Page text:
Birds, Wales

Beautiful, Callous Killer gets her comeuppance?

Here she is under a strangely blue sky, for Wales– Mother Magpie, unlikely heroine of my last blog — fighting to save her two (there may have been more) fledglings. They are both alive and she and Father Magpie are still feeding them. The Sun is still shining:

This is one of the chicks — having a flying lesson with Mum, fully fledged but smaller than the adults and with a shorter tail. At night they roost close to their original nest, next to the telegraph pole.

But look at this —

Last evening at dusk, not 10 meters from our door, waiting for the light to finally fade — Tawny Owl bides her time.

While we blustered about trying to find the tripod, she flew away and this morning the head count was the same — but she’ll be back!

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Birds, Humour

The Curious Incident of the Bird in the Night-time

1 am awoken from deep sleep by Magpie calling from very nearby.

“That’s odd!”

Stupor ensues.

“Owls!” I hear from the edge of perception.

Then there is a clomping down the stair, crash, expletive, flash of light and the sound of a something heavy being moved.

Then I hear it: “Qweeik! Qweeik!” Very loud and very near. There is a chorus of twit-toowooing from all around the rim of the bowl of hills in which we are presently contained. Every urgent, insistent queeik answered by a reassuring, low pitched owly sound from a different direction and each queeik parried by the rattling panic of a magpie.

Now my eyes are open and there is wild illumination from outside the house. Trees flash on and off like Christmas lights; I wonder about hallucinations in confinement — hypnogogic perhaps. Better go with the flow — I rise and grab a dressing gown, descend the stairs in darkness (mustn’t alert whatever it is — that’s odd someones moved the toolbox — I’ve got good night vision). The front door is wide open — I follow the flashes.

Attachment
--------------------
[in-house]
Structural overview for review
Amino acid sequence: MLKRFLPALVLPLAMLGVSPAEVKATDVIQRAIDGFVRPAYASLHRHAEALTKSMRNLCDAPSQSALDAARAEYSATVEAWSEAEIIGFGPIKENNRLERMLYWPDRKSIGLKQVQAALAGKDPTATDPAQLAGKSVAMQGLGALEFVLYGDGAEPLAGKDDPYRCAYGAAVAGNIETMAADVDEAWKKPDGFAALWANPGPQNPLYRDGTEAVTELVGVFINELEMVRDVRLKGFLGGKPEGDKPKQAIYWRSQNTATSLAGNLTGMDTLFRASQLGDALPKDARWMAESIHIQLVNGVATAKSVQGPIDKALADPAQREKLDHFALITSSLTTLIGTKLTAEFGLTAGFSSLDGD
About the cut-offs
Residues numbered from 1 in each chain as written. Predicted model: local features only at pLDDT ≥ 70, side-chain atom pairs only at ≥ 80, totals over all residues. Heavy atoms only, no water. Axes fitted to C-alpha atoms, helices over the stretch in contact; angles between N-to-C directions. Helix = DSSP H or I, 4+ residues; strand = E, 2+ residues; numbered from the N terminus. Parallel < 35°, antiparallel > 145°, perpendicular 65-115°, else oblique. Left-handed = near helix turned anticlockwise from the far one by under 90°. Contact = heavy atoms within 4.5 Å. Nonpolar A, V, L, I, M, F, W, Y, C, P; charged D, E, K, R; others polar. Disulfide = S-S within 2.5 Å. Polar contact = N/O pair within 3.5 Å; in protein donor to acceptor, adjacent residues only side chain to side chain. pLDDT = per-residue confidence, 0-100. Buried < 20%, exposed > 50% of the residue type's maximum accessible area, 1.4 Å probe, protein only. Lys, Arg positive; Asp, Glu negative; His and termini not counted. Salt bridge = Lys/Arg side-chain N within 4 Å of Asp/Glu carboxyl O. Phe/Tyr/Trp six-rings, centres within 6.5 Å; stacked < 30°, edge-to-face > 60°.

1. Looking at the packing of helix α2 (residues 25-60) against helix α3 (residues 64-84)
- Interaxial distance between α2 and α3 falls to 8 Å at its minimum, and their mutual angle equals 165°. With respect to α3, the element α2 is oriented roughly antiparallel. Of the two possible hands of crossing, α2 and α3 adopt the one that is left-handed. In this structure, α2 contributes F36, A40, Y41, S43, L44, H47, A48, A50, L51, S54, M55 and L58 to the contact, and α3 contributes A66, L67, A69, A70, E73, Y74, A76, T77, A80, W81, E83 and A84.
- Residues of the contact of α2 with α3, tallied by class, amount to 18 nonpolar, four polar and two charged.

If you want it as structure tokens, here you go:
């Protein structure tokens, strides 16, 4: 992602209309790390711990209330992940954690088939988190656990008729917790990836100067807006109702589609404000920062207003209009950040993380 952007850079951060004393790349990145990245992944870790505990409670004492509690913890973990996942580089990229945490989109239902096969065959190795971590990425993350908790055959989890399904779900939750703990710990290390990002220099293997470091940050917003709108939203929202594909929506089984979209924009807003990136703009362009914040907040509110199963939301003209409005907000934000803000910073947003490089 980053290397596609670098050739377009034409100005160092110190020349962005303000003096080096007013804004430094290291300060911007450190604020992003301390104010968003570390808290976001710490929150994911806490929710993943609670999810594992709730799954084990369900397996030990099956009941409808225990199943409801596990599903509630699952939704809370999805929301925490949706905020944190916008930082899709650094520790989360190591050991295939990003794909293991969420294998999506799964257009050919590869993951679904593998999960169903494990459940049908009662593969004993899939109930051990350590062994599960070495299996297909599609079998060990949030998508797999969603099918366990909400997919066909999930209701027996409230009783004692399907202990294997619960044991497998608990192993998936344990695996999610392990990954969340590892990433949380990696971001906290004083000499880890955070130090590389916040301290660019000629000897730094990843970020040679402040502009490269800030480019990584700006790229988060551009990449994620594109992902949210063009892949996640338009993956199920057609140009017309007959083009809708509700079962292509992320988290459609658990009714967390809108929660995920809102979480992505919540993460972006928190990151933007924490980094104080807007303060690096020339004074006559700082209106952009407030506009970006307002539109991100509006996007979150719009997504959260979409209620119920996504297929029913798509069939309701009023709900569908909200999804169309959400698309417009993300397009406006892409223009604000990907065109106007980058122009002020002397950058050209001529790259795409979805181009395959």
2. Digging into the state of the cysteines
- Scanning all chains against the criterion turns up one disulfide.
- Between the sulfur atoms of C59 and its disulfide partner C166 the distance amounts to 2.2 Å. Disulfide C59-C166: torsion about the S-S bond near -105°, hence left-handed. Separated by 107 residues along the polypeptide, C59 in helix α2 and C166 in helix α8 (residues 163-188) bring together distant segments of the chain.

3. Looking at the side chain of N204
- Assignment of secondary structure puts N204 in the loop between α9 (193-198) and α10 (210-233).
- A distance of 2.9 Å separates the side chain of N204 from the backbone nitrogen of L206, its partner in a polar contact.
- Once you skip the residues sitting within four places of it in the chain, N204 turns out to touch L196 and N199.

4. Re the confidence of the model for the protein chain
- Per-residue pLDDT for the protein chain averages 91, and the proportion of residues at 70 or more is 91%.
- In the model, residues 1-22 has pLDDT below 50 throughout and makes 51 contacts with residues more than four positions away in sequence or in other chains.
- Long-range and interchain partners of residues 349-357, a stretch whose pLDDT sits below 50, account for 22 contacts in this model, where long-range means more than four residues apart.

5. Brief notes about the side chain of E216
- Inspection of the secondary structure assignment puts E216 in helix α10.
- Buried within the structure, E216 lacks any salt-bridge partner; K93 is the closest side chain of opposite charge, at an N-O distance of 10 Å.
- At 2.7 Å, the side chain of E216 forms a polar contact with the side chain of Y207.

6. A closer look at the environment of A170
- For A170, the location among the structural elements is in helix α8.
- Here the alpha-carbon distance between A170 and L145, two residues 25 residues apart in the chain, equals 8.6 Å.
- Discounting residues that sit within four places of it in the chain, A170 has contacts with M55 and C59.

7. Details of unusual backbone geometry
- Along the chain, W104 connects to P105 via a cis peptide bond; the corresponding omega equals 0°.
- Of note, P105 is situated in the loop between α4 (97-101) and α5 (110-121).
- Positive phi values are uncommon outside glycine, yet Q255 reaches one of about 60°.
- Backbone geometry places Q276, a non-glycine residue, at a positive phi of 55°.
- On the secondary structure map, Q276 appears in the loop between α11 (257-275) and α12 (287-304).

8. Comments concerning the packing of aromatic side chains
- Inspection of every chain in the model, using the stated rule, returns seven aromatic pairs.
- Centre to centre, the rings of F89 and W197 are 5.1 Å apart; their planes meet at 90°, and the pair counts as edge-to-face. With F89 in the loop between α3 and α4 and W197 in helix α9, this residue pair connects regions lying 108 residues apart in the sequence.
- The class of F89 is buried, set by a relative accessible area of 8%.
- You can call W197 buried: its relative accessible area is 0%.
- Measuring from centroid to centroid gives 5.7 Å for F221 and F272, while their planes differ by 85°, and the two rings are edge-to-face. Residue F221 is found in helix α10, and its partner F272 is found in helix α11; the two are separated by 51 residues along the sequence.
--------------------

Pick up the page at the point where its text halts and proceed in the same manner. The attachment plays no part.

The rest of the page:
The qweeiking and corvid football rattling are unabated and can now be localized to the tall leylandii on the bank just above the house below which a man in a dressing gown and carpet slippers is scanning the tops of the aforementioned trees with the beam of a powerful flashlight.

The sky is clear, crossed by a shooting star. The moon is bright but still quite new so the stars are not so dulled by the moonlight. “Watch out!” calls the man who is hearteningly familiar, “Watch where you step!”

Looking down, there is a middle sized black and white bird sitting at my feet, looking up at me but not moving.

“He’s petrified!”

Now there is a moral dilemma. Farmers hate magpies, I’m not keen on them — they raid nests, eat loads of fledglings, do unspeakable things to defenseless, sick and trapped creatures and desecrate the bodies of the dead (true, they don’t drive to County Durham).

In the interest of balance — magpie pauses after grooming sheep.

Now the tables are turned: Magpie has met its match. Its nest is under attack by Tawny Owl — female tawny owl egged on (sorry) by male members of her family from a distance (typical) and we feel a wave of sympathy for the magpie mum whose only just fledged baby has parachuted onto the patio and into our protection.

First thing next morning there are no feathers on the ground and later an adult magpie is seen feeding a fledgling in the big pine tree at the other end of the house near to where the baby bird had landed the night before while the other parent feeds its sibling in the leylandii.

Tawny Owl (Strix aluco) by Martin Mecnarowski (CC BY_SA 3.0)

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